When you grow up in the West and fly fishing is part of your life, nothing feels much more natural in your hand than a 9′ 5 or 6 weight fly rod. Except maybe a beer. And I have two hands so both feel great.
But if you grown up in Smithers, BC, it’s probably a 14′ 9 weight two-hander. And if you grew up on Big Pine Key (the Isle of Misfits), a 9′ 12 weight Tarpon stick feels as natural in your hand as rusty bicycle handlebars.
Where am I going? In my opinion the biggest challenge trout anglers face when fishing the flats is the change in gear. It’s not the hook-set, not spotting the fish, standing higher over the water, longer casts or guides screaming at you. It’s the unfamiliar feeling of that broomstick action 10 to 12 weight in your hand.
You may be a great trout caster, but the first time you step on the bow of a skiff with a powerful Tarpon rod, you are probably going to display some suckiness. And it’s because that rod just doesn’t feel natural. Not even close.
I do a bit of Saltwater fishing, and it still doesn’t feel ‘natural’ for me to hold a rod over 8 or maybe 9 weight. I can do it, but I have to rewire my brain for a few minutes each morning. And after lunch. I find myself ‘thinking’ about the cast while executing it, something I do not do while trout or Steelhead fishing.
On my most recent trip to the Florida Keys, Julie and I took a pair of new Sage SALT rods. A 9′ #9 for the Permit we didn’t catch, and a 9′ #11 for Tarpon we did. (For techies, the #9 was lined with an Airflow Bruce Chard Tropical Punch, and the #11 with the new RIO Tarpon Quickshooter. Both were great.)
I had cast the SALT a few times on the grass, and last year at it’s introduction at the Fly Tackle Dealer Show. It felt incredible. Fast, light, forgiving. Cast close and far with equal prowess. All of those adjectives you read on every rod review ever written. But there was something a bit different. Something familiar.
But it wasn’t until we got out on the water that I realized that while it did not feel like a Sage ONE 5 weight, it definitely felt way more like a ‘fly rod’ than any other fast-action saltwater rod I had ever cast. Still foreign, yet somehow comfortable. Like Canada.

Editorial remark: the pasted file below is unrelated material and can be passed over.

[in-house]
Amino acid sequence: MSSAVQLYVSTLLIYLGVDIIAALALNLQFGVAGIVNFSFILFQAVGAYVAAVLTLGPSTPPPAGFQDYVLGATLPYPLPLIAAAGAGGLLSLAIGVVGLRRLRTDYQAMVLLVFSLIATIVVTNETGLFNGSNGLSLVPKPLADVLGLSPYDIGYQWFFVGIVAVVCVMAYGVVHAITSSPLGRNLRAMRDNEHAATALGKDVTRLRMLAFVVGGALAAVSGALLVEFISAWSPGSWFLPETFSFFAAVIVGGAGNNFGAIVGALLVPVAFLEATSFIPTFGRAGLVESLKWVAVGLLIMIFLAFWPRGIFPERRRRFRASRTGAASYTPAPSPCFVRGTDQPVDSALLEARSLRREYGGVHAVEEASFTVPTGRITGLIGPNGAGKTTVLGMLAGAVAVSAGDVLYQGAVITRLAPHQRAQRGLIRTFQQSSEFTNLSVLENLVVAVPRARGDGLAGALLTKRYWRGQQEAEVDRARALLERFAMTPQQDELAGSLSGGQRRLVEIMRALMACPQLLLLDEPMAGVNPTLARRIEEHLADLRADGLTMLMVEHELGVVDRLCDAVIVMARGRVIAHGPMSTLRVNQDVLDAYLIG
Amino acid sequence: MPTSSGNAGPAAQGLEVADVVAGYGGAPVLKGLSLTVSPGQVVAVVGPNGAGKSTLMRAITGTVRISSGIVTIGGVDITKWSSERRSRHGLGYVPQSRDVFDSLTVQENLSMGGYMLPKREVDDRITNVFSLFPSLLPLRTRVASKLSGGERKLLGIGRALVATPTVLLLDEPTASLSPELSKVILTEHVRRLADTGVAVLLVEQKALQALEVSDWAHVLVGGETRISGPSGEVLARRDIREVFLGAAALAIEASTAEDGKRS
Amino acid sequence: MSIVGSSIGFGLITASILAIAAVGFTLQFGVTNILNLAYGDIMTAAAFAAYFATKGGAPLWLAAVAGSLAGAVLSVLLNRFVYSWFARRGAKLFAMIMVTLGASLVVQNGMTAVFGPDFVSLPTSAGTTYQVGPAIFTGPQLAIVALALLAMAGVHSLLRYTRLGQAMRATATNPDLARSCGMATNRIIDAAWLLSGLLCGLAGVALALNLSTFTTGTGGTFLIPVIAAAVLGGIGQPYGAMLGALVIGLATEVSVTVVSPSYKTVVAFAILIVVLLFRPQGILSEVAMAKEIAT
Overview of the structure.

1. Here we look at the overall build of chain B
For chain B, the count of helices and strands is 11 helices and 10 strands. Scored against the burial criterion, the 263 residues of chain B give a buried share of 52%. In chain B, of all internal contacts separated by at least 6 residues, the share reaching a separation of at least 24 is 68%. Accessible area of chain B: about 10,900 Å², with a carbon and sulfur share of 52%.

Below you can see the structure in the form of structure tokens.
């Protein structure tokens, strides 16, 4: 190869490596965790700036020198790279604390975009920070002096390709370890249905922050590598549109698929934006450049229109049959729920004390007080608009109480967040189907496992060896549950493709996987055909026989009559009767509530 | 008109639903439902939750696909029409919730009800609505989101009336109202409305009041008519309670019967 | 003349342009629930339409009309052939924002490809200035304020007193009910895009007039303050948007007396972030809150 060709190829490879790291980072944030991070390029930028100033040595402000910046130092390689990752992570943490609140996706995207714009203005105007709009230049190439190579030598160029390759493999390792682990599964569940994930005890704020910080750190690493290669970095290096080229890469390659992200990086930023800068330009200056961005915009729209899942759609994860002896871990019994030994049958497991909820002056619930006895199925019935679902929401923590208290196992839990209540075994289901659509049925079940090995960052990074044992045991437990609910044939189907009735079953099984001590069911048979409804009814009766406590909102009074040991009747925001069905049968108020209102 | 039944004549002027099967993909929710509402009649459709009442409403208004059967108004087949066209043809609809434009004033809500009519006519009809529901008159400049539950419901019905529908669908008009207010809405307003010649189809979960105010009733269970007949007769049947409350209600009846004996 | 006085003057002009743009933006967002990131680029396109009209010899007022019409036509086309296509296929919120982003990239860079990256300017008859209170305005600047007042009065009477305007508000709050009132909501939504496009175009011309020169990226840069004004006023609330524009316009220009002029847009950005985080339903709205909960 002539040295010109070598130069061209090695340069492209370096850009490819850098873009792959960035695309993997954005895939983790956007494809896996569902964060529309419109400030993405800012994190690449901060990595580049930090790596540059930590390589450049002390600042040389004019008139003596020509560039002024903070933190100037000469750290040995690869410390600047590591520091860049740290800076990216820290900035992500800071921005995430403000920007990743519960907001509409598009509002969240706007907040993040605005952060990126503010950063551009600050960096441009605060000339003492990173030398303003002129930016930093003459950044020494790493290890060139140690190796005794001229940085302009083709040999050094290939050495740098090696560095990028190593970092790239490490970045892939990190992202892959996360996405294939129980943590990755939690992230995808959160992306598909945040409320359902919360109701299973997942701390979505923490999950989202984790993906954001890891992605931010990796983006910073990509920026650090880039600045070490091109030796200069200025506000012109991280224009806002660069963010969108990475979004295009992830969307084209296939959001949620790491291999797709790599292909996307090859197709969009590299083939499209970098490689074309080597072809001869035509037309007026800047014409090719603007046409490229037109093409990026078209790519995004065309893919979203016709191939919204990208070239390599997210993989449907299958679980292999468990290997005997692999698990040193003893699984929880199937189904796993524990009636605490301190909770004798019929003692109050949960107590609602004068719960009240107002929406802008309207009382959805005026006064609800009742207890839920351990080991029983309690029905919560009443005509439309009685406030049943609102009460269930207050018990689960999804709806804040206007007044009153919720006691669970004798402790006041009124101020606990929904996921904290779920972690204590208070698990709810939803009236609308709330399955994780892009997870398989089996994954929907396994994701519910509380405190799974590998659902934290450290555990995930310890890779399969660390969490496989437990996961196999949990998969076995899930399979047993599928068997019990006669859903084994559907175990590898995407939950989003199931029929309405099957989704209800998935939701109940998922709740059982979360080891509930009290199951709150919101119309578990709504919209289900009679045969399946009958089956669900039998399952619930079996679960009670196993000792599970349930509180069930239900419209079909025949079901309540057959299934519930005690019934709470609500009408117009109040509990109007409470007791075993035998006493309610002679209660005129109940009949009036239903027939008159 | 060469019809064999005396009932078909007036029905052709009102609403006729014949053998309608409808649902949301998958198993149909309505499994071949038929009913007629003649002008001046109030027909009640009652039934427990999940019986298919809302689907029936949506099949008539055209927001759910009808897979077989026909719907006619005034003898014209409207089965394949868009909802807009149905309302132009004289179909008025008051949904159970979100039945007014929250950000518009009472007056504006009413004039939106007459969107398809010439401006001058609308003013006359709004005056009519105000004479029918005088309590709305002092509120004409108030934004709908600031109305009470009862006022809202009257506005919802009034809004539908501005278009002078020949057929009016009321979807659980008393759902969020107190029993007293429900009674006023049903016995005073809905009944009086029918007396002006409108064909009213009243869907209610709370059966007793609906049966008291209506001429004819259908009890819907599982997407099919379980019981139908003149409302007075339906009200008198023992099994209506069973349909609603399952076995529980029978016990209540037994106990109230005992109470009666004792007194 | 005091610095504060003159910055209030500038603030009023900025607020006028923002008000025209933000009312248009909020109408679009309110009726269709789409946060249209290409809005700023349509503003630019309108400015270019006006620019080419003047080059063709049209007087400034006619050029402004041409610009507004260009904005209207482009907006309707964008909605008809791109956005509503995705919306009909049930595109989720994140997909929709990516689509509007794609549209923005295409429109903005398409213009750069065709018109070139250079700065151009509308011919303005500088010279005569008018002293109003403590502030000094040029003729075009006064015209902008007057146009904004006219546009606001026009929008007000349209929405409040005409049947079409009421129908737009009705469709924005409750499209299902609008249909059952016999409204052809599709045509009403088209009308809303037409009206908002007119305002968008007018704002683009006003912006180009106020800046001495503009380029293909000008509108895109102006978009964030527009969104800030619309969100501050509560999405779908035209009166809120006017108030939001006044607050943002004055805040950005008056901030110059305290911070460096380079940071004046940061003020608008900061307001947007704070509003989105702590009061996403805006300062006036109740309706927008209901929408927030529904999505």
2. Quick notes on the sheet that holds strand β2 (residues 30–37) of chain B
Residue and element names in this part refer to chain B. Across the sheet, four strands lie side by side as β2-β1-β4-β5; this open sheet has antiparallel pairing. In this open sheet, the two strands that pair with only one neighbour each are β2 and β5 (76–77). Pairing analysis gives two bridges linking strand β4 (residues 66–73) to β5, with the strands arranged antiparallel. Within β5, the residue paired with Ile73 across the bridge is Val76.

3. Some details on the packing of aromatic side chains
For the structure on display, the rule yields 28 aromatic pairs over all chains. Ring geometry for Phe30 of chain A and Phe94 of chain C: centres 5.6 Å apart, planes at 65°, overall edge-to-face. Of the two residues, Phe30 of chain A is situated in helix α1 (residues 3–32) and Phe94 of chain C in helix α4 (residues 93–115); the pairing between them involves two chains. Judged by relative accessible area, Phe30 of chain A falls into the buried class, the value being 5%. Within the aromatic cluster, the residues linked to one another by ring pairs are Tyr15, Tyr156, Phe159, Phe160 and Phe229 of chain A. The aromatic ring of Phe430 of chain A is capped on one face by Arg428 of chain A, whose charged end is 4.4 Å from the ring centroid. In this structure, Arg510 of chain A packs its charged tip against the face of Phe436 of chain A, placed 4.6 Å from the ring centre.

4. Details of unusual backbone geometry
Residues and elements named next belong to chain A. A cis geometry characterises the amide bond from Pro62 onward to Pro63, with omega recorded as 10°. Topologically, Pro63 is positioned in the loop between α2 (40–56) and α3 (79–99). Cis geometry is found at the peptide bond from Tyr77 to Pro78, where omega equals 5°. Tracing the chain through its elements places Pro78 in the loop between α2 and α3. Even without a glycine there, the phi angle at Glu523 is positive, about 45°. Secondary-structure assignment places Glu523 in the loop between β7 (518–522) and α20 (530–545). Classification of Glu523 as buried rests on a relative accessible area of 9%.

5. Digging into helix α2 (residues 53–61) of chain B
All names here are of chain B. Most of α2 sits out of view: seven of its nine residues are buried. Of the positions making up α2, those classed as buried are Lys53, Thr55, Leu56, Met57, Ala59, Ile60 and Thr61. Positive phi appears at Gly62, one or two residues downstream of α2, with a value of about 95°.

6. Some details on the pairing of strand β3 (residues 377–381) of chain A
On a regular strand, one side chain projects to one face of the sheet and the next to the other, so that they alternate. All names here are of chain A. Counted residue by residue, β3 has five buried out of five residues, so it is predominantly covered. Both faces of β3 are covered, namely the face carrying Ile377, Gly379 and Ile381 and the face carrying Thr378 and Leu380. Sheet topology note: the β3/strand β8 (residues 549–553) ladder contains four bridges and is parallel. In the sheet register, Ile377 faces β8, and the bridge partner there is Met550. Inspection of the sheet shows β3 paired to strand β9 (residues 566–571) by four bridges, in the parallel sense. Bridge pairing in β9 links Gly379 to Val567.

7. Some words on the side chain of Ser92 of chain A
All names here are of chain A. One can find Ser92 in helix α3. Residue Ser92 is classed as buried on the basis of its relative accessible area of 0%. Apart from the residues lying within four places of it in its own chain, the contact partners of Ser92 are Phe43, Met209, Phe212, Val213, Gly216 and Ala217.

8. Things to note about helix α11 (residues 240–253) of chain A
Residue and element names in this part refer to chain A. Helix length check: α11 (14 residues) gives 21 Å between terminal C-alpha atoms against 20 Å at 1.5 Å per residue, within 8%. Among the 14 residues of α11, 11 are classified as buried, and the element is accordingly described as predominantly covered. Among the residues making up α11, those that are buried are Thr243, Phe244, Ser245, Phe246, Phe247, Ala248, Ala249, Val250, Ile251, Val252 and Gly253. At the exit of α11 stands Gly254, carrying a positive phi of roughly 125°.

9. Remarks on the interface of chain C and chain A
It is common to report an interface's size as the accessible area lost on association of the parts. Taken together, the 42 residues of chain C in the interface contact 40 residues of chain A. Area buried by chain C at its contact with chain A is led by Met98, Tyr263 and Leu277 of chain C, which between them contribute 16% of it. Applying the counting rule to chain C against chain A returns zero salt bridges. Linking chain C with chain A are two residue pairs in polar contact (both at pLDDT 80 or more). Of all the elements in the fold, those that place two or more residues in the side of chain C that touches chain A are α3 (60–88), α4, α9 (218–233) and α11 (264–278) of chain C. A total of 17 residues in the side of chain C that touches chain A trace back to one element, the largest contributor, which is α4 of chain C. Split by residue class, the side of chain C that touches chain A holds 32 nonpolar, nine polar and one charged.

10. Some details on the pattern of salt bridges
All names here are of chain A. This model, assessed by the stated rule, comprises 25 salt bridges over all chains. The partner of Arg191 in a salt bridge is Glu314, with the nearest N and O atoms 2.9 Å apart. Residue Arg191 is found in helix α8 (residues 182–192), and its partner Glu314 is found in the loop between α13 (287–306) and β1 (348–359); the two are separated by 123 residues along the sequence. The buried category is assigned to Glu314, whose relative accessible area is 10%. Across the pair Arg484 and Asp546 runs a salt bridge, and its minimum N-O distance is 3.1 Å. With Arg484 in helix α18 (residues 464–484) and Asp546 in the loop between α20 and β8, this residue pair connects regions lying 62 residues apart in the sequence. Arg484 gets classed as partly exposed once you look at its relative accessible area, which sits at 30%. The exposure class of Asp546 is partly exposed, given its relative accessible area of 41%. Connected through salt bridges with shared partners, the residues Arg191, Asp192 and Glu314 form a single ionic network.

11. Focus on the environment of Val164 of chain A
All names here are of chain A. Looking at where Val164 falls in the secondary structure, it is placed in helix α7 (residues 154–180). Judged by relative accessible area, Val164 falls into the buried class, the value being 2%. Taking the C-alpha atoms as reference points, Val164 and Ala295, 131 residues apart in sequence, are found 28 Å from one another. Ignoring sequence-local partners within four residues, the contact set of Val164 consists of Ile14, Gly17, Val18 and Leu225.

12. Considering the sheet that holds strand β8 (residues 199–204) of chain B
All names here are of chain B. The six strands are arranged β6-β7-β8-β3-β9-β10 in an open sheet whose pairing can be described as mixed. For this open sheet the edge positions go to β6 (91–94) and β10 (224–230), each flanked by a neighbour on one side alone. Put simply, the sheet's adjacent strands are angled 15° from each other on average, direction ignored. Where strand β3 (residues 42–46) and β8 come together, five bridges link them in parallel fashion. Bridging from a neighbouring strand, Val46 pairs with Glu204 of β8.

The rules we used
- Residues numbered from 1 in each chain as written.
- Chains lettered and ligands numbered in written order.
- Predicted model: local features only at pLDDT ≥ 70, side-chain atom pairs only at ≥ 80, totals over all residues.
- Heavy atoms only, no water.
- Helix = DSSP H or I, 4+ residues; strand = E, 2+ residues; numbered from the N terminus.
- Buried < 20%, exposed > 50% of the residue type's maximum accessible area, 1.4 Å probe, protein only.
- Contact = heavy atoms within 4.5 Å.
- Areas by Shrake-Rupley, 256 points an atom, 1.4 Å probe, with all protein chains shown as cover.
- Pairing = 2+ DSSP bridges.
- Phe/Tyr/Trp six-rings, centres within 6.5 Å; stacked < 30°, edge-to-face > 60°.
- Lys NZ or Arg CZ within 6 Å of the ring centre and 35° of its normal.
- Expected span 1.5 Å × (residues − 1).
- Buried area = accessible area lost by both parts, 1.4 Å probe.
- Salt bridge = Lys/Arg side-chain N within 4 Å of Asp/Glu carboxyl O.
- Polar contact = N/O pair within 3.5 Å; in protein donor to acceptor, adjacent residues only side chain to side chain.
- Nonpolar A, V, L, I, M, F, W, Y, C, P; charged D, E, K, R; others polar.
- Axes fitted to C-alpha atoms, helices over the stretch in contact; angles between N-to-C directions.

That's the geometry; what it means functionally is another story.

I noticed that Julie – who typically struggles a little with Tarpon rods – really didn’t have to adjust too much. She wasn’t launching perfect casts 90 feet into the wind, but she was getting it there at regular fishing distances. And she seemed to be concentrating on the placement and retrieve of the fly, more than trying to load up that rod. And that’s when you’re fishing.
The 9 weight really fished like an 8, which starts to get into that ‘familiar’ zone if you’re a trout fisherman. No problem getting it to load up and cast accurately.
It’s actually pretty easy to make a saltwater rod that everyone can cast. Just make it a noodle that loads with no effort, right? It’s been done before (Biix), and we actually had a very slow Epic fiberglass #10 with us as well (the Bandit, which was not designed for Tarpon fishing, but was a blast to fish with). Super easy to cast and quickly put it right on the spot. So why not use something like this?
Because it turns the already difficult battle with a Tarpon into an apocalyptic event. You can fight them well enough with a softer rod at the beginning of the fight. But as the battle turns from watching him run into bringing him in, things become problematic. You can’t turn the fish, and that last 30 feet to the boat is nearly impossible. And the fight is going to last longer because turning a fish can be tough.
Make an already long fight longer (twice as long?) and you might not be so happy. I know this because I watched Julie battle a 65 pounder for half an hour. We had it close enough to the boat to jump on for 15 of those minutes.
So, back to the SALT. It felt more ‘natural’ to me, and made it easier to transition from casting BWO dries on the Missouri one day, to throwing a large Tarpon Bunny west of Key West the next. It still had plenty of power to fight large Tarpon with, however, and that is very important to me (and most Keys guides, I’m certain). Really a perfect balance of easy (for the salt) casting and lifting power.
Highly recommended for trout nerds like us.